News that St. Maarten’s 2020 Carnival celebrations have been postponed until further notice capped off a day full of concerns regarding the dreaded coronavirus that is by now dominating daily headlines worldwide. US President Donald Trump’s announcement Tuesday evening of precautionary measures including an embargo on flights from Europe failed to reassure the financial markets and was followed by the cancellation of an avalanche of public events as well as closures of educational and other institutions across the globe, including French-side day-cares and schools as of Monday.
Several cruise lines sailing in the Caribbean suspended operations and if this trend continues it will be a significant blow to the local economy still rebounding from the major hurricanes of September 2017. Stayover tourism too is sure to suffer as non-essential travel is being discouraged in the destination’s main source markets and people are already naturally inclined to stay home in such worrying conditions.
There is a bit of hope that some planning to vacation in Europe and other affected areas might choose to do so on the island instead, but – if so – this probably won’t compensate for the loss of business foreseen in the coming months. Government and the private sector will need to review their prognoses and make policy as well as budgetary adjustments where necessary.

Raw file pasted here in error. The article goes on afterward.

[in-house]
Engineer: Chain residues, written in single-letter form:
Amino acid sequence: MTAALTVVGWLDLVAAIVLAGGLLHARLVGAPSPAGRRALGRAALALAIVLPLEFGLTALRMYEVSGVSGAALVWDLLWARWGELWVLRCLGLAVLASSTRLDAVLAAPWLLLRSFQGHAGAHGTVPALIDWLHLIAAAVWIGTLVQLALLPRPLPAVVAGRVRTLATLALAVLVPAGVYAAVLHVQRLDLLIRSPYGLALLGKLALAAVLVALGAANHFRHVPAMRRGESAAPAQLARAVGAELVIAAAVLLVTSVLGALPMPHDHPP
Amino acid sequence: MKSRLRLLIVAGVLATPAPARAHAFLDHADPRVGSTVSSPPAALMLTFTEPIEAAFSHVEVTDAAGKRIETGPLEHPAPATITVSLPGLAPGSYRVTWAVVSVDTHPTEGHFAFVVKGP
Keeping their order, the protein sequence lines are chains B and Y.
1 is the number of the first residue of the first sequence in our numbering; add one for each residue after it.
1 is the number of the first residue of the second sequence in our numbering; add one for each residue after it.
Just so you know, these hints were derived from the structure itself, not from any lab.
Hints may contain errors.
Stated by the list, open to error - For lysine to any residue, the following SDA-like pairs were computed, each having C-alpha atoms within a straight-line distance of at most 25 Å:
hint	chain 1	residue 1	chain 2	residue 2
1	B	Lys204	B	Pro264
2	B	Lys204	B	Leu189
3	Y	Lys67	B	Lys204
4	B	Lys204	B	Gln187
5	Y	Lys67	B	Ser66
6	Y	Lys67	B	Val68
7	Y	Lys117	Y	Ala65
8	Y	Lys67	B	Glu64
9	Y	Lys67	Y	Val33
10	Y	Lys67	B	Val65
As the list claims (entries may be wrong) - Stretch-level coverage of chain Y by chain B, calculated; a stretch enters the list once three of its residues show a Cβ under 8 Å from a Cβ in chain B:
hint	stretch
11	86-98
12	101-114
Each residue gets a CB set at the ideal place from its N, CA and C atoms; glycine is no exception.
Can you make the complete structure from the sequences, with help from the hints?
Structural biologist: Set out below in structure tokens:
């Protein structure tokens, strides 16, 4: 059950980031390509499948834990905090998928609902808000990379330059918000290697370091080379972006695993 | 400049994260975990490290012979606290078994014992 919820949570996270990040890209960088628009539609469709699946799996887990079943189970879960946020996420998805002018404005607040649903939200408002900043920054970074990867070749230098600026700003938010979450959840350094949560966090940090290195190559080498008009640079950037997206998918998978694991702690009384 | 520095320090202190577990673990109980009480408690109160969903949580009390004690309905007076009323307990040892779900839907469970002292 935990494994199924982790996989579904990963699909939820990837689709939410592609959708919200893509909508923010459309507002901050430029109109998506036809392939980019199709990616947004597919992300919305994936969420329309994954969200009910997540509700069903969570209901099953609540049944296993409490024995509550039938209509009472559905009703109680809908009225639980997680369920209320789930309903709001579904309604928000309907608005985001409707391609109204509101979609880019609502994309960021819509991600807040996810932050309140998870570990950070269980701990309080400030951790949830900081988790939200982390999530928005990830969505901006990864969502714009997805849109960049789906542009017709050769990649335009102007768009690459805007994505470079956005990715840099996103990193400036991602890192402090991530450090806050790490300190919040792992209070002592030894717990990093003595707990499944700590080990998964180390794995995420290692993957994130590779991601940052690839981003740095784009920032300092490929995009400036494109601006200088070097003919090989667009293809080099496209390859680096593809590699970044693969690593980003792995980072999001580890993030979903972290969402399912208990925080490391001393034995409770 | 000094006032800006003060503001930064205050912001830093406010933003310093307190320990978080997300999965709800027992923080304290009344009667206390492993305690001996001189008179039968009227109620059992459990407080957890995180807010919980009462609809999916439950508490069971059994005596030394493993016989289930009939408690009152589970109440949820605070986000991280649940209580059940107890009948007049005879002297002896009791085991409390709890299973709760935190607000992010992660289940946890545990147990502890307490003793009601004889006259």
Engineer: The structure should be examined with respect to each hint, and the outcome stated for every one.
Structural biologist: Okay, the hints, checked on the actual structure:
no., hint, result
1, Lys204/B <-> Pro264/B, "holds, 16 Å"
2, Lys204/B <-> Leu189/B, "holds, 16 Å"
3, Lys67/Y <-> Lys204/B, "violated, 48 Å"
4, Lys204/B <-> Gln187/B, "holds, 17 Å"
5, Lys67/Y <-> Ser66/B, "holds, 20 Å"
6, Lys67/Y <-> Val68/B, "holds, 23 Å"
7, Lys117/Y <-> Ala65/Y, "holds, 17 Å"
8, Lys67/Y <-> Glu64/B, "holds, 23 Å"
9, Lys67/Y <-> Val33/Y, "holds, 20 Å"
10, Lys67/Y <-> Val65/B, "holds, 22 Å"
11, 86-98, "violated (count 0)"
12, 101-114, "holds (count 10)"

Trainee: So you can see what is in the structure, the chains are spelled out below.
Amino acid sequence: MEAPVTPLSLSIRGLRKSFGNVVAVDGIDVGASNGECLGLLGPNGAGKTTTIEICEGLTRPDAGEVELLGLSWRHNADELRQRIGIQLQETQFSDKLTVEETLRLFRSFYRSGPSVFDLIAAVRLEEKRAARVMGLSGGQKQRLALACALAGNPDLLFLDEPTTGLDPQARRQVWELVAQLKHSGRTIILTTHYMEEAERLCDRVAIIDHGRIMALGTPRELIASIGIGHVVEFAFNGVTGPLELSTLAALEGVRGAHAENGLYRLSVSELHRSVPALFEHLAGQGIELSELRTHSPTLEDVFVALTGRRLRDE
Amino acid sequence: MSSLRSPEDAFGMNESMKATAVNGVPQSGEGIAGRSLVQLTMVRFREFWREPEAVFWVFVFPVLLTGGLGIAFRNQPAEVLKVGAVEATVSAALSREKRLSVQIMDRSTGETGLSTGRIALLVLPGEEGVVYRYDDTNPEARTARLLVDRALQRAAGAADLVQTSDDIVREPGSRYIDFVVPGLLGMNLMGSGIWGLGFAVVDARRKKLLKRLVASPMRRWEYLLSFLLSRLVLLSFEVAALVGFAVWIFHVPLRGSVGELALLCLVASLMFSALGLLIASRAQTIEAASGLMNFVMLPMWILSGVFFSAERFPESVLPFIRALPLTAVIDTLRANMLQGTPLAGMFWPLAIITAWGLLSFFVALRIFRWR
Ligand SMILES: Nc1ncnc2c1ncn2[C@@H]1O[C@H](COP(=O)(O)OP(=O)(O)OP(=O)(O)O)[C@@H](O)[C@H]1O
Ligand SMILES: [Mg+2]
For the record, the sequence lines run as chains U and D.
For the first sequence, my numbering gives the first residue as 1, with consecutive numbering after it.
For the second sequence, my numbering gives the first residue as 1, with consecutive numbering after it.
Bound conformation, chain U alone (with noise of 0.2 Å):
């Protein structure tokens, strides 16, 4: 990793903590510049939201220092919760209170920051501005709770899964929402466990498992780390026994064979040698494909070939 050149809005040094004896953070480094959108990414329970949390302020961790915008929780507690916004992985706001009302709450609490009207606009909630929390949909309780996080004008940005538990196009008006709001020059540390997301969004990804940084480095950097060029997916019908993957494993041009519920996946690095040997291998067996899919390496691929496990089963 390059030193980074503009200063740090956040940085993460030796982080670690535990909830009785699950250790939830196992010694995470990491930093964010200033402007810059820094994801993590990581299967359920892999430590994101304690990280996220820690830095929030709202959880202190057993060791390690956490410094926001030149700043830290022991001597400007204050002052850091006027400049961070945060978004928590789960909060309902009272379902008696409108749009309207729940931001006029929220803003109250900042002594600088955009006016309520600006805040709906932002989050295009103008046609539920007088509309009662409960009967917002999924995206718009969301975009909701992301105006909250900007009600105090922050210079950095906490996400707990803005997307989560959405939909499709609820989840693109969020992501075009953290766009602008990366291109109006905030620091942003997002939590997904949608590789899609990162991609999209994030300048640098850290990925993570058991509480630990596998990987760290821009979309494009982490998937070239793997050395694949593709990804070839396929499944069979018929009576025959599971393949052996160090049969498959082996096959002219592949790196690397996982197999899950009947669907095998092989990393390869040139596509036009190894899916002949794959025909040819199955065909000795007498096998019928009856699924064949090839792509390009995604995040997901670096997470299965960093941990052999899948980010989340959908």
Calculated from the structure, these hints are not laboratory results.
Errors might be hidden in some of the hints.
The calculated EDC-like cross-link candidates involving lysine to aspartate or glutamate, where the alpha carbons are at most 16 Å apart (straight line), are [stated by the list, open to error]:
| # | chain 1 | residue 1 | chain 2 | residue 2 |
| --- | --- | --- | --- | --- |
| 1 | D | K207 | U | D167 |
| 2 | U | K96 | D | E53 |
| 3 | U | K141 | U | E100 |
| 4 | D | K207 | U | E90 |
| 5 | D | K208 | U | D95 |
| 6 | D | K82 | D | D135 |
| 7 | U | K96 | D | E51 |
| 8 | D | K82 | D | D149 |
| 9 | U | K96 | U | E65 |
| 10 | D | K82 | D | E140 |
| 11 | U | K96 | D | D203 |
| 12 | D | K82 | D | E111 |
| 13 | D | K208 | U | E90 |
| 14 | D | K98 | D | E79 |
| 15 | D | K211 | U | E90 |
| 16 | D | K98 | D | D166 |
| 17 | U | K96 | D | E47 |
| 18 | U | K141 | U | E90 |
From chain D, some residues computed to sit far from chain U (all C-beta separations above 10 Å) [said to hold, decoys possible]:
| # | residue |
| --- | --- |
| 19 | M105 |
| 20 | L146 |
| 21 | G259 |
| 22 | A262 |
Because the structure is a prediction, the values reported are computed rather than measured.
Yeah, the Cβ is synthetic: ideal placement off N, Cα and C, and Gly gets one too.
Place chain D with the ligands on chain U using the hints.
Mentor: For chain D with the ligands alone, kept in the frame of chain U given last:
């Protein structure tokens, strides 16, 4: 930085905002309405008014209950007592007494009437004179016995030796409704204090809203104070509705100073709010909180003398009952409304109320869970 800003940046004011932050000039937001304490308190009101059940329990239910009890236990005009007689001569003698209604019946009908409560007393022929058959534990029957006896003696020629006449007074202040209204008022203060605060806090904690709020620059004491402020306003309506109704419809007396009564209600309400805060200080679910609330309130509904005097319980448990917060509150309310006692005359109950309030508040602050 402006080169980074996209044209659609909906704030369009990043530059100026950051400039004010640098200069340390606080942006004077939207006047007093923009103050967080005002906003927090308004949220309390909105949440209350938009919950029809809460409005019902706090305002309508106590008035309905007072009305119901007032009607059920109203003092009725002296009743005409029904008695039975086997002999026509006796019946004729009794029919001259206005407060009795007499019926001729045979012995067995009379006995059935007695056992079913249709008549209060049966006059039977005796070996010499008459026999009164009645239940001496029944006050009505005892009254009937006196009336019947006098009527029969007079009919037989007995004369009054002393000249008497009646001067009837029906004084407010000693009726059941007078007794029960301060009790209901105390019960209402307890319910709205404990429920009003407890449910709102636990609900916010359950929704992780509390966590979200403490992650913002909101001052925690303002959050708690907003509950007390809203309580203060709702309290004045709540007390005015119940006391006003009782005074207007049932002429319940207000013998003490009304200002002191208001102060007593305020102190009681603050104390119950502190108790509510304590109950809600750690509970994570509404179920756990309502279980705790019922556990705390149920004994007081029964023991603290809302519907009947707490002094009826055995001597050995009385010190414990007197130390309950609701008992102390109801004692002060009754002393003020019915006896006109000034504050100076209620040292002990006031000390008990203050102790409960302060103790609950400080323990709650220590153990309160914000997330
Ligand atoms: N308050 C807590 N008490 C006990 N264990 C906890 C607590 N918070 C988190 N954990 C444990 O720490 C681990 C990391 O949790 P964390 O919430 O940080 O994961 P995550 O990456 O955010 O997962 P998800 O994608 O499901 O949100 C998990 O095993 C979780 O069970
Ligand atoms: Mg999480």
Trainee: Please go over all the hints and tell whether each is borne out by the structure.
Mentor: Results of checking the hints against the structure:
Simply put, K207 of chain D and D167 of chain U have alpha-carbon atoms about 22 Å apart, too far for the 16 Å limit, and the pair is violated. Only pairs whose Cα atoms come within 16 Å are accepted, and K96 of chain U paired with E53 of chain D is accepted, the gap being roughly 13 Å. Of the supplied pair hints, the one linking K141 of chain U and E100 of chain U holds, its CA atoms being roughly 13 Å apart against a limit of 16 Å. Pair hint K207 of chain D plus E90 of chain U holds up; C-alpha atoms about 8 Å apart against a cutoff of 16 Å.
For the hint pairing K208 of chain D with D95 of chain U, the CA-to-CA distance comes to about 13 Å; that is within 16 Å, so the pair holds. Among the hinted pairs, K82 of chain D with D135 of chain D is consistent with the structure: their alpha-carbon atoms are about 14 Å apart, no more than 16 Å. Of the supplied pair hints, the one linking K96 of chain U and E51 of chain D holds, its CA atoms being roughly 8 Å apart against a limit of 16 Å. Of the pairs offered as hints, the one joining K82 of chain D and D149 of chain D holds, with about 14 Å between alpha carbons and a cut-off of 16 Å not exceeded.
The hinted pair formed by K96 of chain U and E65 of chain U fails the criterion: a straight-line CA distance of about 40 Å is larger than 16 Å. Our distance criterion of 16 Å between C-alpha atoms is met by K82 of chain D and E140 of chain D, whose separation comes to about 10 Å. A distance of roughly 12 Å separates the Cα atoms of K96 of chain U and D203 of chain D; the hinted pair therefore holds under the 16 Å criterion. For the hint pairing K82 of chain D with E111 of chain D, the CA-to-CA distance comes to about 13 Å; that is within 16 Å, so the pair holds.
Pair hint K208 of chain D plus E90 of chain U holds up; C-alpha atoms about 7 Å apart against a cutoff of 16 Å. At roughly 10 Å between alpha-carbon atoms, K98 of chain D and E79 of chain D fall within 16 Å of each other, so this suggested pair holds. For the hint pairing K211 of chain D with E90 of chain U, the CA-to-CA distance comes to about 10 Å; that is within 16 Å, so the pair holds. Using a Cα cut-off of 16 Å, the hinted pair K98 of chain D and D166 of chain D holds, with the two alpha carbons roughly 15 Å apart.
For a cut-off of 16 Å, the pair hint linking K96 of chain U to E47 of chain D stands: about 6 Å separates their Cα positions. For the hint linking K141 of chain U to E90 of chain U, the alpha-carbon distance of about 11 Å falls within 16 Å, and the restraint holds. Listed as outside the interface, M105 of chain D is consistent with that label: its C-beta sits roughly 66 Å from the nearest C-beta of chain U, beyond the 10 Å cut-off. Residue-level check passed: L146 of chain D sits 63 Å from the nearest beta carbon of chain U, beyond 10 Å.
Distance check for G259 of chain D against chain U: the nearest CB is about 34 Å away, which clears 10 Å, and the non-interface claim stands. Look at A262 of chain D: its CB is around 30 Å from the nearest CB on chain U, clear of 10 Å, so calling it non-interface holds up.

It is now perhaps more important than ever to put remaining means in the Dutch-sponsored Trust Fund managed by the World Bank to good use and execute related projects like rebuilding Princess Juliana International Airport (PJIA) and removing the boat wrecks from Simpson Bay Lagoon in a timely fashion, to keep the economy going until the hospitality industry gets back to normal.
The number of usual off-season layoffs can be expected to rise, so expanding the Emergency Income Support and Training Programme for under- and unemployed persons may be a good idea. Accelerating the home repairs and similar actions is also recommendable in the present circumstances.
It’s called Recovery Trust Fund for a reason and this COVID-19 crisis is nothing short of a calamity that “The Friendly Island” must and will overcome, especially with financial help already made available by the Netherlands. SXM Strong style.